Back to Blog

The NHS Crisis: Treatment Delays

A recent BBC analysis revealed that one in five local hospital services are consistently failing to meet their key waiting time targets.

Waits for accident and emergency, cancer care and routine operations are increasing across the UK. In 2012-13, England hit 86% of its key waiting time targets. This is in stark contrast to the current 2017-18 statics which reveal that England, Northern Ireland, Scotland and Wales have failed to hit any of the three targets for more than a year.

These worrying, albeit inevitable, statistics reflect the reality that the NHS is under severe pressure. Whilst rising numbers of patients need hospital care, the NHS’ widespread staffing issues mean that patients are often left waiting longer for treatment. With frequent ward closures (including the recent closures of cancer care units) some patients are not only experiencing a delay in treatment, but are now also forced to travel further in order to receive care.

An understaffed work place undoubtedly leads to a high pressure environment for both staff and patients. This is reflected within recent figures which show that employees of trusts that fail to meet NHS-wide treatment targets are more likely to be attacked.   Notably, reported attacks on health workers within A&E departments were up a shocking 21% in 2016-17. Naturally, a hostile working environment has a knock-on effect with retention rates, consequently aggravating staff shortages further.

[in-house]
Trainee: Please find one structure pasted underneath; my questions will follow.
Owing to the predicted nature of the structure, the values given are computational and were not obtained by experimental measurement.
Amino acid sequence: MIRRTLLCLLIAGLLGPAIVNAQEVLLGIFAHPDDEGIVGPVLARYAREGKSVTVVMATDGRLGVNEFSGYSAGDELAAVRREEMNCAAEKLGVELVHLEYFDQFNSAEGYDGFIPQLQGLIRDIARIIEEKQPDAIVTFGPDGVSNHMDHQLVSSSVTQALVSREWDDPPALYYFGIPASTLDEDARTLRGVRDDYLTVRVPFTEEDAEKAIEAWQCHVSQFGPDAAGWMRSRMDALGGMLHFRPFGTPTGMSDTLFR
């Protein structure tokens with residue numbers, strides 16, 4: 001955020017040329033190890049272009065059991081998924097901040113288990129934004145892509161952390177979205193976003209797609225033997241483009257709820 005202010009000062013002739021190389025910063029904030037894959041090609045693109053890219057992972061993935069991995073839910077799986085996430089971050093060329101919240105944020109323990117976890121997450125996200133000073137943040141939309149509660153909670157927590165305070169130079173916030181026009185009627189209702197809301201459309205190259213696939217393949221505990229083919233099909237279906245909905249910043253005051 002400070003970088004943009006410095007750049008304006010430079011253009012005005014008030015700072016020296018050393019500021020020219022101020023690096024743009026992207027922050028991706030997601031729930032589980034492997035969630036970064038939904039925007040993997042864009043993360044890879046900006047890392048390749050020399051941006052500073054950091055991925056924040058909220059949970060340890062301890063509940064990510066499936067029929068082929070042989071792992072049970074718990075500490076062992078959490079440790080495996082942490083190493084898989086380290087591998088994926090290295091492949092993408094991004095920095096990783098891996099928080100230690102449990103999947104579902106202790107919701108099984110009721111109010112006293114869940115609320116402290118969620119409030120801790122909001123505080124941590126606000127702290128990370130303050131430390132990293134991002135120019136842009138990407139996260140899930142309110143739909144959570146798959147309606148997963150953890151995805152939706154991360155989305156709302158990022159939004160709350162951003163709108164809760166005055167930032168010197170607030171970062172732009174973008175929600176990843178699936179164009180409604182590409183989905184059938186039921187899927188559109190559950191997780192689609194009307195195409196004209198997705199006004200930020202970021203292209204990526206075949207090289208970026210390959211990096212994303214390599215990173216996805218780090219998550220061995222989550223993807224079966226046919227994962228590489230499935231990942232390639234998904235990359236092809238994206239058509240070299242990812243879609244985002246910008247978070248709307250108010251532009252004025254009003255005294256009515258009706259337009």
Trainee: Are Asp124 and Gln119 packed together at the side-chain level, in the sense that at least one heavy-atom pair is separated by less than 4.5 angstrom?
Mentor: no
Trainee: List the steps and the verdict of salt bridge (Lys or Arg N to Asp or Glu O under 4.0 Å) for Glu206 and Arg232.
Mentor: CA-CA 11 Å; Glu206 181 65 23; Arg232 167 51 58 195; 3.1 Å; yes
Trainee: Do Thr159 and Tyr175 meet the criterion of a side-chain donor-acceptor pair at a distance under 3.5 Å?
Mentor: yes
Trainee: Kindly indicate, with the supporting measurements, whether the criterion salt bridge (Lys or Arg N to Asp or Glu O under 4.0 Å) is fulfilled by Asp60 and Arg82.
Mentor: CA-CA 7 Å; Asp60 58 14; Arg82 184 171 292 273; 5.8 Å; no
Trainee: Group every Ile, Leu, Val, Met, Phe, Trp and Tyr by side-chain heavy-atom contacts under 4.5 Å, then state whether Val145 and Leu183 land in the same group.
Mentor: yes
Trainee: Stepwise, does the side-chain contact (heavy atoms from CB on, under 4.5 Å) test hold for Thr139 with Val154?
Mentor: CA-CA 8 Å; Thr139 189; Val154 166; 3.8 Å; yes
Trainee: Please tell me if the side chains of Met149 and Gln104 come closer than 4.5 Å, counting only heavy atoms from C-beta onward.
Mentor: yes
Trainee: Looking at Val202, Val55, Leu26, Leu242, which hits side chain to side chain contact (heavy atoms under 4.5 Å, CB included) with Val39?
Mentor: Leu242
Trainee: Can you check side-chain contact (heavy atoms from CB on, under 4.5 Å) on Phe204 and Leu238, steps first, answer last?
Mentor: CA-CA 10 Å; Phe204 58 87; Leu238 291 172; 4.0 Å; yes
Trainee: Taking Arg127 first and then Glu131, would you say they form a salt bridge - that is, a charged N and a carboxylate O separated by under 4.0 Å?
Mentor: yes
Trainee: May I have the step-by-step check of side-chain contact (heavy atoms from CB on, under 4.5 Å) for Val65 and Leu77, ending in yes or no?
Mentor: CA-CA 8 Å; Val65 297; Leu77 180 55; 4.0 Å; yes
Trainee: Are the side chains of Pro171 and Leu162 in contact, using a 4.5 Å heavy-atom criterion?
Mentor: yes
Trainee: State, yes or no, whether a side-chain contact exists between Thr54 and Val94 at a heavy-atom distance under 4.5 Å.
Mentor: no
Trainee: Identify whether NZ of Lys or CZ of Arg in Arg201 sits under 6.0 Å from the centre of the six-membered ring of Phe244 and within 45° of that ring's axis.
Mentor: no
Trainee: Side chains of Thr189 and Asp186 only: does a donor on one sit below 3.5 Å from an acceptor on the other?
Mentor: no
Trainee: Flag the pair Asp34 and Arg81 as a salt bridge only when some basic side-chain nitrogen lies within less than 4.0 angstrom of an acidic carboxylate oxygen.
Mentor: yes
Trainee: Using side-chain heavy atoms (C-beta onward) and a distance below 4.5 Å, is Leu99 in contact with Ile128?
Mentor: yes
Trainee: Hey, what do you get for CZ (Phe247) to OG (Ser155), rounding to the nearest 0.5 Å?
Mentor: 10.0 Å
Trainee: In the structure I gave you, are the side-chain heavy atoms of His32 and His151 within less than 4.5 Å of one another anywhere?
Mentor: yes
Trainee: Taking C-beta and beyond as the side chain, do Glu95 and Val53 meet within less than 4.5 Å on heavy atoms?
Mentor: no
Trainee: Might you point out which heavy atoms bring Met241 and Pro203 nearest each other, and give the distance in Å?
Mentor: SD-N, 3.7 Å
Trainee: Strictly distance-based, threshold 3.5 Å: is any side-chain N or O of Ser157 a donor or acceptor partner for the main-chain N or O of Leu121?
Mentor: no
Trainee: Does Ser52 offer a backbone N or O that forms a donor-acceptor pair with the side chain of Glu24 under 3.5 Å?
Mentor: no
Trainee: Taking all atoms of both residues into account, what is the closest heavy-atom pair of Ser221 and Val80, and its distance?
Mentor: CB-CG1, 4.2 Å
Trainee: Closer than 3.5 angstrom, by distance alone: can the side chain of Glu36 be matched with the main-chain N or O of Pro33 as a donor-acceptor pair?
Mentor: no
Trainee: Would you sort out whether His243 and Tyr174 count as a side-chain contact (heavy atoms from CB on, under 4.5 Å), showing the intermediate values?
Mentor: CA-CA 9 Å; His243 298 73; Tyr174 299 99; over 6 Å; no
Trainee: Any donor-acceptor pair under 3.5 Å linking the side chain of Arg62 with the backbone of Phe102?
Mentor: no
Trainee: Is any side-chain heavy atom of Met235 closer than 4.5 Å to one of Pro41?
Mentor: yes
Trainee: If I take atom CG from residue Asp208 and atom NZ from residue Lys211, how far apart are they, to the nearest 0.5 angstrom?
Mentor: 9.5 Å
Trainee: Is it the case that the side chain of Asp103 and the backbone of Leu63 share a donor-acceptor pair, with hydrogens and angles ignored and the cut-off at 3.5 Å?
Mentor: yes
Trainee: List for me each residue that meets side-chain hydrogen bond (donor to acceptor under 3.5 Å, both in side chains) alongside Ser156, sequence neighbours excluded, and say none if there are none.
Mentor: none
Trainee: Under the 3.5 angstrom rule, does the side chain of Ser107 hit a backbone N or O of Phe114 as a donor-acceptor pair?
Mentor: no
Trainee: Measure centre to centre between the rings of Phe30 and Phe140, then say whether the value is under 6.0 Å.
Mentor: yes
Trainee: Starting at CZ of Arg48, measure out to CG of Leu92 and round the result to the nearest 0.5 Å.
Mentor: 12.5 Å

Although the staffing crisis is a key factor contributing to the current delays in treatment, bed and equipment shortages also play a role. The NHS does not have the level of resources required to treat its growing number of patients. By way of illustration, the UK has just 2.6 hospital beds for every 1,000 people, considerably lower than a number of its European counterparts.

The NHS is undoubtedly underfunded. Back in the summer, Theresa May announced that, beginning in 2019/20, NHS England's budget would increase by £20.5bn by 2023. NHS England’s forthcoming 10-year plan will provide a breakdown of how this budget is to be spent along with an outline of any changes to its waiting time targets. Nevertheless, some argue that although an increased budget could see more beds and equipment in hospitals, this large injection of cash may not provide a straightforward solution to the staffing crisis as there are simply less people choosing to enrol on health-related courses.  In order for this increased budget to have true impact on current staffing shortages, it should therefore lead to and/or be accompanied by an increased number of training places and bursaries available for health workers.

Everyday our specialist team at JMW deal with clients who have experienced a delay in treatment. If you have suffered an unnecessary delay, the expert clinical negligence solicitors at JMW are here to help.

 

 

Share this